Searching questions for Tony Abbott if turmoil on stock markets gets worse

August 26, 2015

25 August 2015

By Stephen Koukoulas

The savage market ructions of recent weeks and days are disconcerting. While not unprecedented, the quite staggering fall in share markets and commodity prices are threatening to undermine the global economy. For Australia, the news is particularly alarming. Australia’s stock market, the ASX, has not performed well in recent years, lagging well behind the other markets. If the market ructions translate to an extended period of weak global growth, Australia’s already dismal export performance will be hampered and the commodity price weakness will further undermine national incomes.

We are not there yet. There needs to be either further falls in stocks and commodities or an extended period where market weakness persists for there to be material damage to the Australian economy.

At levels under 4,900 points earlier today, the ASX 200 has fallen 19% from the levels in March, shaving around $325bn off the value of the market.

Perhaps more remarkably, the ASX is around 28% below the peak of October 2007, meaning that stocks have registered almost a decade of no capital growth. Even with today’s market turmoil, the US S&P 500 index is around 25% than the level of 2007.

Australia’s bigger picture economic concerns are shown up in the stock market performance. Within the ASX, there is a heavy concentration in banks and miners. The diversity of listed companies is very limited when the other big sector – retail – does not have any meaningful global presence.

As commodity prices fall, the ASX almost inevitably falls given the weight of mining and related companies. Banks, which are so tightly linked to the housing market, had been a star performer as the boom in house prices, investor demand and new construction underpinned their profits. Bank stocks have also fallen sharply. Investors are betting that the Australian housing boom is over which will see loan growth slow. Changes to regulations about bank capital requirements, which take effect next year, are also likely to inhibit bank profitability.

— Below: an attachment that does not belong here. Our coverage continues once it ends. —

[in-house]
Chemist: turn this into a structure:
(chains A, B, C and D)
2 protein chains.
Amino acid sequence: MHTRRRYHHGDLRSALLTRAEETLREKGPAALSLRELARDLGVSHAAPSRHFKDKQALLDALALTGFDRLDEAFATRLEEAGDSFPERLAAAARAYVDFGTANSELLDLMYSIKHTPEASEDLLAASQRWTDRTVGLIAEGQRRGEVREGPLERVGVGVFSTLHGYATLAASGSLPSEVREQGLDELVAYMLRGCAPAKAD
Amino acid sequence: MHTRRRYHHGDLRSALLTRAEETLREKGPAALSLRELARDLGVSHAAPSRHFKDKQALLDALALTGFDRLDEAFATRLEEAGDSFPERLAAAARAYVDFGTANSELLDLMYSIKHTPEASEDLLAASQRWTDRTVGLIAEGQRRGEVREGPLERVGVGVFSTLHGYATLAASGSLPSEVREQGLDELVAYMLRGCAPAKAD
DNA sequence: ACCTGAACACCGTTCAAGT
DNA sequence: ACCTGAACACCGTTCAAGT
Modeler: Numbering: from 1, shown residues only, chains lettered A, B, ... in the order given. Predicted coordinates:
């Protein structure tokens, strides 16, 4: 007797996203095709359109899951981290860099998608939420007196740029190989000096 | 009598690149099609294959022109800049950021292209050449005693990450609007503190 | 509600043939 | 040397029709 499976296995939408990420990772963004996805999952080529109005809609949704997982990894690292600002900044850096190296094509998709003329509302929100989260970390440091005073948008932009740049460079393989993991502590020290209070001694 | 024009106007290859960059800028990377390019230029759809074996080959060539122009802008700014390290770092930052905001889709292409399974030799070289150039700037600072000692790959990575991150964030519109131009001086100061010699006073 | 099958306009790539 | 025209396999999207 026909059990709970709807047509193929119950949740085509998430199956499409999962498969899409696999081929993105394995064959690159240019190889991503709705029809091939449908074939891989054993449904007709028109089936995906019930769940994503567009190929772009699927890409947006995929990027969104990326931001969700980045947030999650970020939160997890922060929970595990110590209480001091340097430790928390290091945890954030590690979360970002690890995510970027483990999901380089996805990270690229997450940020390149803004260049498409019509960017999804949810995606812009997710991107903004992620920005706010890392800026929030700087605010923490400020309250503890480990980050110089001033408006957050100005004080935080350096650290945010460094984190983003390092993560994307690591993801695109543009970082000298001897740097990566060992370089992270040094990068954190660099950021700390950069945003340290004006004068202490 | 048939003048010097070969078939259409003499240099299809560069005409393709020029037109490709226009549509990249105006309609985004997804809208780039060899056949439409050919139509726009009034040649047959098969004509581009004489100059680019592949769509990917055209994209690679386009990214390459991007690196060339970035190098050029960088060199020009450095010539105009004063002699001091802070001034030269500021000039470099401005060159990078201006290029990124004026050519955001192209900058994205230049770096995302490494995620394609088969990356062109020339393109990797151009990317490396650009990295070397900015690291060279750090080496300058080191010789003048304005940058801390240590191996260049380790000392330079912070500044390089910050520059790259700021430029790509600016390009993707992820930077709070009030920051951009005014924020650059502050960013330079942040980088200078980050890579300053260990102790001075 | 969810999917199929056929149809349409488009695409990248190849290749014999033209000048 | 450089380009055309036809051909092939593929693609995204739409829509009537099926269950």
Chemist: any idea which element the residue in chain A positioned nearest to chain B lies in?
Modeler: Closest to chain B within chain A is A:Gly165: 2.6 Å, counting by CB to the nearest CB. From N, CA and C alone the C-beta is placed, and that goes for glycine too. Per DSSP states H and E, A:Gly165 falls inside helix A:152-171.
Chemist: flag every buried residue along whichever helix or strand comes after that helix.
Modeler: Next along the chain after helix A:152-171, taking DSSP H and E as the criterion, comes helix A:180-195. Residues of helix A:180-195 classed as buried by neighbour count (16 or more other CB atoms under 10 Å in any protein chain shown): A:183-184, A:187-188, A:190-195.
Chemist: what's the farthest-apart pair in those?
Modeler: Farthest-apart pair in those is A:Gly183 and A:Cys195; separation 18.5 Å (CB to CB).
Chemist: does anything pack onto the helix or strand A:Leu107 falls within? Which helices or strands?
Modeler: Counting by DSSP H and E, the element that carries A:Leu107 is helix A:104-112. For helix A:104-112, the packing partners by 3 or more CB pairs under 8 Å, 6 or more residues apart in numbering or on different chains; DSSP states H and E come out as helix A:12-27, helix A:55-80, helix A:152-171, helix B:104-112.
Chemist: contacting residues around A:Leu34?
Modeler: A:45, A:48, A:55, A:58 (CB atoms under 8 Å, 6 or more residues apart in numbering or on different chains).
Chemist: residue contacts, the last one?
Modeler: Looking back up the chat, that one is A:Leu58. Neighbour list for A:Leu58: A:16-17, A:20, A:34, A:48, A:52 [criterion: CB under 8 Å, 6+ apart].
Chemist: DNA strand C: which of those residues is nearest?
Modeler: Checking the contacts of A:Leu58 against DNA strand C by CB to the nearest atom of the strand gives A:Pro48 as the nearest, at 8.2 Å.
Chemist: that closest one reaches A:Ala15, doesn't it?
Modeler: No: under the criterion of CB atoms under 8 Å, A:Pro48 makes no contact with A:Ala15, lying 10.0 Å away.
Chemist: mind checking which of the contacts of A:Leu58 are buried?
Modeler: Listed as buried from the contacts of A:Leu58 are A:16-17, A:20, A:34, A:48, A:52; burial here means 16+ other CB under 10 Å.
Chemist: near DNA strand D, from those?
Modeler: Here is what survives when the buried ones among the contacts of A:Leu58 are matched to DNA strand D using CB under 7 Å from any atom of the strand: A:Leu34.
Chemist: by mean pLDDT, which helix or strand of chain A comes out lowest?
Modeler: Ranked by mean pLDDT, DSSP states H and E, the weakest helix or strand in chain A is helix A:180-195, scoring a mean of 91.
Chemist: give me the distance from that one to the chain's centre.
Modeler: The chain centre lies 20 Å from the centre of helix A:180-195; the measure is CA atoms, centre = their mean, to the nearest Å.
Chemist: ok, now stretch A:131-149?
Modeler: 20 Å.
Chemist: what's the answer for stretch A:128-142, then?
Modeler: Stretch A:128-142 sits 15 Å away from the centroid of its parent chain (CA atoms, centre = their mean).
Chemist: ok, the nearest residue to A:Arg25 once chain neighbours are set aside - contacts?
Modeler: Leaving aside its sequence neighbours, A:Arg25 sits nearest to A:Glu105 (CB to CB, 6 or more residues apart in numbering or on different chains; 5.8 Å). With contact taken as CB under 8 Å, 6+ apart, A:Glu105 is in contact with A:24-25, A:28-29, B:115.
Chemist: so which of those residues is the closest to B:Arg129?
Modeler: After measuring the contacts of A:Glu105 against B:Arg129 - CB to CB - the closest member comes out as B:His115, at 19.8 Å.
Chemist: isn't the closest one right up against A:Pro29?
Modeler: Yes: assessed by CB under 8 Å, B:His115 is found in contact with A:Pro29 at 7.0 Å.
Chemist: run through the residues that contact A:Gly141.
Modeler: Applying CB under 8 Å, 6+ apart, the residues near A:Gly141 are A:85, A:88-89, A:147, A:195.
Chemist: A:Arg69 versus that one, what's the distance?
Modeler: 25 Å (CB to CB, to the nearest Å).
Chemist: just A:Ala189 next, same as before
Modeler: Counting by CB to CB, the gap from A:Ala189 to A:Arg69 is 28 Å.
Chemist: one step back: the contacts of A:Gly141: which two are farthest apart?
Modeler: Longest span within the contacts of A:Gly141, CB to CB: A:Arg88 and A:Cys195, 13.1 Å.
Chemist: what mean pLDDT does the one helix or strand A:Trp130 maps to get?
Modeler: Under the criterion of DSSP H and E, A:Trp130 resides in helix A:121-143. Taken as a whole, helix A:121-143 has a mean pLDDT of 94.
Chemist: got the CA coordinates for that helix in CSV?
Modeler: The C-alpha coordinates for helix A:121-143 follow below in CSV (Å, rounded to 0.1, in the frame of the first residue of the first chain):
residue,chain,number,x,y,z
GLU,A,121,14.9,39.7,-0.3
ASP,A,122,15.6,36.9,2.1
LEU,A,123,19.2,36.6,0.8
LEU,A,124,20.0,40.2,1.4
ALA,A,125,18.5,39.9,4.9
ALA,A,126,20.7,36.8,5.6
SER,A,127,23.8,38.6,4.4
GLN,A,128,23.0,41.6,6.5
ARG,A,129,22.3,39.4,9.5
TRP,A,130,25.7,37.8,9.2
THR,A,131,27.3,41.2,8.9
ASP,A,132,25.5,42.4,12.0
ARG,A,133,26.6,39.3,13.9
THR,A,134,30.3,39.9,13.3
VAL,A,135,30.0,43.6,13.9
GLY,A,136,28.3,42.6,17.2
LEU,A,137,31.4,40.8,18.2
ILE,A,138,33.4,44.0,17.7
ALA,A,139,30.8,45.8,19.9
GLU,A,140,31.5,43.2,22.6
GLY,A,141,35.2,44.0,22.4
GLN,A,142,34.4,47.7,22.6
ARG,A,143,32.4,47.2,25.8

History shows that there is solid, if not strong, correlation between share prices and the performance of the economy. A sustained trend in stock prices up or down normally leads aggregate economic growth by two to four quarters. At the moment, the share price fall has been evident for a little less than six months.

If the market turmoil shows up in hard economic data in the months ahead, the big questions will be for policymakers. The Reserve Bank of Australia, which had been signaling to the market in its recent commentaries that the rate cutting cycle was probably over, would need to deliver further interest rate reductions. This would likely see renewed weakness of the Australian dollar which would help support the export sector and the domestic firms competing with importers. Indeed, one aspect of the market action in recent weeks has been Australian dollar weakness, especially against the Euro and British pound.

If the economy is particularly weak, fiscal policy stimulus would be necessary to support economic activity and employment levels. Economically, this is obvious and most prudent response. Politically, the Abbott government’s rhetoric against debt and deficit and the fiscal stimulus measures delivered by the Rudd government during the global financial crisis would make it difficult for it to deliver a fiscal response.

The market swings are difficult to interpret, which makes it impossible to see where the dust will settle. That said, the weaker markets are, the more worries there will be about the Australian economy. For now, the problems are not so severe to completely undermine growth but a further 10% or so fall in global stocks and it might be a very different picture.